Review: Another Perspective Offers A Similar Picture
Another Perspective is another indie platformer with a quirky game mechanic and a distinctive art style. While barely revolutionary, there are still myriad games out there which you'd be worse off giving a few hours to.
- Worth The Time?Barely.
- Things LovedThe minimalist design was quite pleasant, although it added very little to the title itself. The multiple protagonist approach worked excellently, and the level design helped pull the best from the multiple character puzzle solving mechanic. A perfect difficulty curve to keep the game challenging, yet not frustrating.
- Things HatedThe pointless use of meta-commentary just comes off as poor; not misunderstood or with veiled meanings, just underdone and with very little to say. Far too short to really be worth another look, especially considering the nature of the indie puzzle platformer (amongst the millions of others).
- RecommendationMeh. If you like puzzle platformers, it's worth a look, but it's nothing revolutionary and really shouldn't stick in your mind for long.
- Name: Another Perspective
- Genre: Puzzle Platformer
- Players: 1
- Multiplayer: No
- Platforms: PC
- Developer: Shaun Spalding
- Publisher: Shaun Spalding
- Price: $5.99
- Reviewed On: PC
Puzzle platformers are the indie go-to game formula for success – throw in an identifiable art style and a quirky gameplay mechanic and you have an instant hit. Another Perspective is another one of these titles; albeit a particularly high quality puzzle platformer with a very well-designed set of levels.
Another Perspective puts you in the shoes of an unnamed protagonist who is searching for unknown things by walking through doors. The journey takes an unexpected turn when copies of him begin showing up – each seeing the level in question from a different perspective, and he starts to question his existence and life.
The game plays with a meta-narrative – an increasingly popular method of storytelling in indie games which attempts to explore gaming concepts through the experiences of a protagonist. Another Perspective attempts to explore the existence of characters in videogames and their lifespan, with very limited success.
The title fails to effectively explore the concept of character lifespan, and the use of a meta-narrative comes off as more of a crutch, used in lieu of an actual story, than a meaningful commentary on the existential situation of characters in games. It offers little insight of its own, and scant material on which to base formulated thoughts. It honestly feels like I wasted a couple of hours trying to dig for some deeper meaning than “KEYS!”.
Where Another Perspective does thrive, however, is in its level design and gameplay. The game starts simply enough – getting from one side of a level to the other and going through a door into the next one. Bit by bit, new challenges are added into the game – you have to retrieve a key before going to the door, bottomless pits are added to result in your potential death, and so on, contributing to a fair difficulty curve.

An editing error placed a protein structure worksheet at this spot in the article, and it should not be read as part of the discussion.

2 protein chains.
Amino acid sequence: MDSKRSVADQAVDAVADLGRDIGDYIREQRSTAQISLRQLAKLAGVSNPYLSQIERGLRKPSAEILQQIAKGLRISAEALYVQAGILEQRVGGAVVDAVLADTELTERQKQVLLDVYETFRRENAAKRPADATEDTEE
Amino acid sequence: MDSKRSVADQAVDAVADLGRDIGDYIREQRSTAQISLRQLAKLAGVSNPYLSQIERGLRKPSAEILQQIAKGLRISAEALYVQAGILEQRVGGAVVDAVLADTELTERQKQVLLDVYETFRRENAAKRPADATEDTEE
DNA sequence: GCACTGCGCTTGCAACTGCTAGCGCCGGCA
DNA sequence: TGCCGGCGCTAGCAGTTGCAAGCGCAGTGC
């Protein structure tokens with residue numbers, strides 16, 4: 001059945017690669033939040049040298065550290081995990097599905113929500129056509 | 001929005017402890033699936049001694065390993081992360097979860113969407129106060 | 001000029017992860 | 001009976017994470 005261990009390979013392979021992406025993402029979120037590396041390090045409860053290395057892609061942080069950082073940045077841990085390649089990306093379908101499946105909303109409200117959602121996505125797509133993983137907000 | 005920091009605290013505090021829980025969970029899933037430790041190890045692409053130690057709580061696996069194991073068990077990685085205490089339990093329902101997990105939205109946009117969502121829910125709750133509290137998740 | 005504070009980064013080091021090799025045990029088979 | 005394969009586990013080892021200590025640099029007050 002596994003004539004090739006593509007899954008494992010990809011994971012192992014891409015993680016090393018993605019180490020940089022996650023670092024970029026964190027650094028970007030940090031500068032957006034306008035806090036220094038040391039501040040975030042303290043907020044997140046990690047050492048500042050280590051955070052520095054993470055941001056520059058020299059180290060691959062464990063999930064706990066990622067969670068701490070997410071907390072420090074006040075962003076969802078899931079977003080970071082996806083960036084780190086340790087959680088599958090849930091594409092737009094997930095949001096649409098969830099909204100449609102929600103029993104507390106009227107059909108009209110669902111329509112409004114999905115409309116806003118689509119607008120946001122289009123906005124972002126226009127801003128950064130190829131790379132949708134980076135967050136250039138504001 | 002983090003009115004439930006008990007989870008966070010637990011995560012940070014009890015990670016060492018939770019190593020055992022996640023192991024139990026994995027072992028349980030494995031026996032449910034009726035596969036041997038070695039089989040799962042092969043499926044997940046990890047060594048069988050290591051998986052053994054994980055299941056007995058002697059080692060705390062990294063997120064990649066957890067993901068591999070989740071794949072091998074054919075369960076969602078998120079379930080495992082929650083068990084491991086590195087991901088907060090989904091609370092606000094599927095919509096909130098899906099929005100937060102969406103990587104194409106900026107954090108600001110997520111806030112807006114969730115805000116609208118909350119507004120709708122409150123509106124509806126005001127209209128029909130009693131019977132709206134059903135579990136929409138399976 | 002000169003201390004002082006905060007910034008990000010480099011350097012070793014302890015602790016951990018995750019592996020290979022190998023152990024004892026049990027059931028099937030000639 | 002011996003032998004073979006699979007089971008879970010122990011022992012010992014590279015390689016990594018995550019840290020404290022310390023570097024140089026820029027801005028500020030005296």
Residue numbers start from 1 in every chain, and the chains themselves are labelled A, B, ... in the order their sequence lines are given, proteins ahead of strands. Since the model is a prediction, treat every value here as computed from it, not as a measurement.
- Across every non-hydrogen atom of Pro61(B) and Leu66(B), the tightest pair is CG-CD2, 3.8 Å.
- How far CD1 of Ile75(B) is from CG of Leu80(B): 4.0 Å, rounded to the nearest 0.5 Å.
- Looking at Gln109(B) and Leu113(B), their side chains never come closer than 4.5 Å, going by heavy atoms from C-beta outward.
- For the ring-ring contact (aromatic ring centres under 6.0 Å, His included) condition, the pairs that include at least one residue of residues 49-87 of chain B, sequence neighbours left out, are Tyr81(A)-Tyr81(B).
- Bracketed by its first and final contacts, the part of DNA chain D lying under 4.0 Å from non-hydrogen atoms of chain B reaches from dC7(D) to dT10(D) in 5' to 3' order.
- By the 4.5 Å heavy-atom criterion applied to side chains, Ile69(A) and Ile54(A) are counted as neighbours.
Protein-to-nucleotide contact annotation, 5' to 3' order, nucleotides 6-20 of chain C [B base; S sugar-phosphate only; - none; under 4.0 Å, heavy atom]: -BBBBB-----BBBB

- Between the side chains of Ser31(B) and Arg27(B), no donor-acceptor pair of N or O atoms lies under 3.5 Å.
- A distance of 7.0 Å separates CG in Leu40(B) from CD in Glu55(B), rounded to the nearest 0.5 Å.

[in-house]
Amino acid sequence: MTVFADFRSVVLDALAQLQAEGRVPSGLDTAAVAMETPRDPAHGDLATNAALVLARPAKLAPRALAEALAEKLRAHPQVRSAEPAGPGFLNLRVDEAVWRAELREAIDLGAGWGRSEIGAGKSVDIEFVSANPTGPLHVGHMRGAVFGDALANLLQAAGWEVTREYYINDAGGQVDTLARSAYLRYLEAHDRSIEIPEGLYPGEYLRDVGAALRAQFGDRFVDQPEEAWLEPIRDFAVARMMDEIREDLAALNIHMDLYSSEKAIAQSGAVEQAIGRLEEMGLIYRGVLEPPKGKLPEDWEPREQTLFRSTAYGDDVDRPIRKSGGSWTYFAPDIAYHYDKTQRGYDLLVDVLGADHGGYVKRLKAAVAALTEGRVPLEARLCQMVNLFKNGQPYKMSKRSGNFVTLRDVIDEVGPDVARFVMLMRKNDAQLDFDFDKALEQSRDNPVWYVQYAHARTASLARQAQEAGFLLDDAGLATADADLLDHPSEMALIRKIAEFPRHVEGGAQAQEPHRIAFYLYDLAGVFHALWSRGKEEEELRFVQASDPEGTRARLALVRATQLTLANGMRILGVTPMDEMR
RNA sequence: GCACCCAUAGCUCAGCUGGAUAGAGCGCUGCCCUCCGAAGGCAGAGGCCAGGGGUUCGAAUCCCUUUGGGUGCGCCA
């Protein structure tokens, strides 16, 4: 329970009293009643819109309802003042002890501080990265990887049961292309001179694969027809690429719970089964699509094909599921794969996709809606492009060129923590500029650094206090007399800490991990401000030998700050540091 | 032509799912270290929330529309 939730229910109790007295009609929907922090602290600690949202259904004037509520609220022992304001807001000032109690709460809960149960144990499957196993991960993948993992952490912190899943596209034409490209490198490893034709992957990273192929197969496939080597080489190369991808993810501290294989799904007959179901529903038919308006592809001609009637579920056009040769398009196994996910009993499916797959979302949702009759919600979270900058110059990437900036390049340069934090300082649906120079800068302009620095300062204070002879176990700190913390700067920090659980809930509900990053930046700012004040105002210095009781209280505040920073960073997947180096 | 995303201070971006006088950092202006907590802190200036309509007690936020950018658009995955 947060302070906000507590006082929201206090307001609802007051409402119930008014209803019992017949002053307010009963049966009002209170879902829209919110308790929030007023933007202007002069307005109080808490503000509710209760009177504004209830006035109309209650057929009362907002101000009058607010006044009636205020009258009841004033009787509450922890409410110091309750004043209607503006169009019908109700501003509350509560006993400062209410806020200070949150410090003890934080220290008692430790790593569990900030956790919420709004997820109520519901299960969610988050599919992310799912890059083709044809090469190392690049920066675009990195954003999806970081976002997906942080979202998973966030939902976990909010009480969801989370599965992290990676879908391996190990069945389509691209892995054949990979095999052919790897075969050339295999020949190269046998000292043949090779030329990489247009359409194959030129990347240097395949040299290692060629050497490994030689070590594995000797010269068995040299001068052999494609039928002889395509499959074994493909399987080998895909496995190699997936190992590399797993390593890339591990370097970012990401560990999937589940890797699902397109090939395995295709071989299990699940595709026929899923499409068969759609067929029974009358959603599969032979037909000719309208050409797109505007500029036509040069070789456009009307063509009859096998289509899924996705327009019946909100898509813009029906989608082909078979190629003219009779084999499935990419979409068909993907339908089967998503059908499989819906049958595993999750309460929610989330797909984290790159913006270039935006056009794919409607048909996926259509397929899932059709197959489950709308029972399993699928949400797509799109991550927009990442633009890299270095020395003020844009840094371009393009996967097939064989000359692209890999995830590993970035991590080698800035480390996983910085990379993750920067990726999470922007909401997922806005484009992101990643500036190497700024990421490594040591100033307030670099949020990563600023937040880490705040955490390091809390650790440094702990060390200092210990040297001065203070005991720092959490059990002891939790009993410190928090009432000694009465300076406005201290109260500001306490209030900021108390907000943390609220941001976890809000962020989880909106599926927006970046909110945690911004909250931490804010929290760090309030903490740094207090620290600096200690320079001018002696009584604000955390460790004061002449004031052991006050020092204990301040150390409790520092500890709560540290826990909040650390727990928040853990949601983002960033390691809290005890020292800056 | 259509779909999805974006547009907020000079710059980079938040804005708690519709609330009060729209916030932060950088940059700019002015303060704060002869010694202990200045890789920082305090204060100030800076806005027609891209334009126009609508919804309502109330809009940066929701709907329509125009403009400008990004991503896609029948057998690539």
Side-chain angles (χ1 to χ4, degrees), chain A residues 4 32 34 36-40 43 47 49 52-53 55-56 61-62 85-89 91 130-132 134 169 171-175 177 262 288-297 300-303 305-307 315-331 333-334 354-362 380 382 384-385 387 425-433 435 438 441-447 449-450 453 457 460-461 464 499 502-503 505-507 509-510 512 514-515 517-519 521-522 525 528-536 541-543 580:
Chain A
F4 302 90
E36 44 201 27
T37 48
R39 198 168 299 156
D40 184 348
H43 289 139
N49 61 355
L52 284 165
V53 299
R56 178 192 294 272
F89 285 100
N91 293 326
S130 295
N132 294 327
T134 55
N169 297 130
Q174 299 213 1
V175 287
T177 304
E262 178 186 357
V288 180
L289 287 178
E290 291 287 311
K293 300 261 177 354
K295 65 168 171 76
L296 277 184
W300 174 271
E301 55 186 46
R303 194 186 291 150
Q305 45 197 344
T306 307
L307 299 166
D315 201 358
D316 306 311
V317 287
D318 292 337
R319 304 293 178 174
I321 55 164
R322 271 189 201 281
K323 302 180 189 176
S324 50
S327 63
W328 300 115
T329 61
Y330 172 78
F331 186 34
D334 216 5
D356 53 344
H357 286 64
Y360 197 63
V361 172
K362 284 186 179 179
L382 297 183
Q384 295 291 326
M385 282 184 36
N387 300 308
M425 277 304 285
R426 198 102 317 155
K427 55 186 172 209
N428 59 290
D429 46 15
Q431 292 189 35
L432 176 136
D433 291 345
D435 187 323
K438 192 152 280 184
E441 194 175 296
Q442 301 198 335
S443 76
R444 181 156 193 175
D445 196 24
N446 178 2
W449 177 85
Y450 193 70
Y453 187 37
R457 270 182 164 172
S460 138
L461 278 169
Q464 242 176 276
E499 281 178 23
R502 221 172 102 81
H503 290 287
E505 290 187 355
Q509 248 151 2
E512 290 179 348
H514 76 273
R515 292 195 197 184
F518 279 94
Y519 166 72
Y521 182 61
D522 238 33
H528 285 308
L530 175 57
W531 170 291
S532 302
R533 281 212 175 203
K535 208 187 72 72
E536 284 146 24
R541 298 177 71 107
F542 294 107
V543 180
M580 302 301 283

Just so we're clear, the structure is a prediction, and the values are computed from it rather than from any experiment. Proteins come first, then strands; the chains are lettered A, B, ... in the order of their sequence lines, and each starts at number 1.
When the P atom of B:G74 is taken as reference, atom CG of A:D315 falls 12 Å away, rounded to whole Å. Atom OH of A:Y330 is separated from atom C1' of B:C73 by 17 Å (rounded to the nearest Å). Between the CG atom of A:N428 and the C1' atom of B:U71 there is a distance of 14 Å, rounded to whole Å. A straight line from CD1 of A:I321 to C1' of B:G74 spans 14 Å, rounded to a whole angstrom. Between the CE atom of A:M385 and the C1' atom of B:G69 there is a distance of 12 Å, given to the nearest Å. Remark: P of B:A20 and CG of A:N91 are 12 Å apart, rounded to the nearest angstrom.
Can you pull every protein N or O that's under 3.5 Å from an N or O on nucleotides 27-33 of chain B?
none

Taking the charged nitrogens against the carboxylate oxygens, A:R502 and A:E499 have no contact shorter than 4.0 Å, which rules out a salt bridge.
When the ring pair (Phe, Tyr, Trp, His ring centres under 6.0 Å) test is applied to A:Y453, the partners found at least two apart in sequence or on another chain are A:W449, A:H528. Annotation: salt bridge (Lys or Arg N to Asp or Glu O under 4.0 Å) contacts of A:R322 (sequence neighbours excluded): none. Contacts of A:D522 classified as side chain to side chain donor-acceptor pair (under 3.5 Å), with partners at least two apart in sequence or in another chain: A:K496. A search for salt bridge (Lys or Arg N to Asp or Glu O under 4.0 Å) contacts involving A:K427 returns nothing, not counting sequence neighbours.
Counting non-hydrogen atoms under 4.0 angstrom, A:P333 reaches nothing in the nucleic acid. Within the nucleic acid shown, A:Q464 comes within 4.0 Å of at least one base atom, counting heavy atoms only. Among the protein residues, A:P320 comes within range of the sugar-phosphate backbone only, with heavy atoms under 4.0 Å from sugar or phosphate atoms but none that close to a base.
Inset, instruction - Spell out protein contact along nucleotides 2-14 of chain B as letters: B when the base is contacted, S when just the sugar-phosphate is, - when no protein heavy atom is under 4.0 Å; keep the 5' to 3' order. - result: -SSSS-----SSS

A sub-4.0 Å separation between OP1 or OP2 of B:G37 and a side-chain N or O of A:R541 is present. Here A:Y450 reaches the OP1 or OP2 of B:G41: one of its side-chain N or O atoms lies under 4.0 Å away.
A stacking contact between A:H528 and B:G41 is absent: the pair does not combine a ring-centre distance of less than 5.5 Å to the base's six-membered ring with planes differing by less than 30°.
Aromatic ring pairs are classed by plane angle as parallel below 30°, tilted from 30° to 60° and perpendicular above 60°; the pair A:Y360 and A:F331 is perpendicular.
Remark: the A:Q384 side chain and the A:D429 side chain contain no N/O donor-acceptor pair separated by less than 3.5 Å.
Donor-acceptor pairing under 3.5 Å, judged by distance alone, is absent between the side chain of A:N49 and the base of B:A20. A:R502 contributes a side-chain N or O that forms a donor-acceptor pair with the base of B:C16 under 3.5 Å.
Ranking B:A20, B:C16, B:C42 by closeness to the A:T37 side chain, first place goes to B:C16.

This steepens slightly when the concept of clones is added into the title. Players can switch between versions of themselves – who freeze in place when not in use – to assist in traversing larger gaps, and climbing to higher platforms, amongst other things.
This system also has quite a fair difficulty curve – levels start to change from different characters’ perspectives (previously existing platforms disappear, while new ones appear), characters start to spawn at different sizes and with different perceptions of gravity. This and the level design work in tandem to provide a game that is consistently challenging without being overly difficult or feeling unfair.
Even the post-ending Mystery mode, which features more difficult levels and concepts, doesn’t feel needlessly challenging. While it’s undoubtedly more difficult than the storyline, the levels always feel well-structured – even the one which requires the use of a glitch in the game to complete.
Another Perspective takes a page out of the Braid book of indie visuals. It looks remarkably familiar to Jonathan Blow’s breakout title – especially in the transitions between characters, which emulates Braid’s time dilation effects very closely.
The environments are very plain and bare, but this fits well with the game’s fairly nihilistic themes, even if they are poorly fleshed out. The barren atmosphere extends to the title’s sound performance, which is filled with minimalist sound effects and an unobtrusive background track.
There isn’t really that much more to say about the game. Another Perspective is a short (the story lasted me just over an hour, while the Mystery mode lasted around 40 minutes) and not particularly memorable experience which will undoubtedly fade from my mind quite quickly.
Another Perspective is not a bad game, but it’s yet another puzzle platformer with a single distinguishing factor and not much else. With the lack of play time through the game’s two modes, and its poorly realised themes, Another Perspective probably won’t last long in the memory – due to no fault of the game’s own other than existing in an over-saturated genre.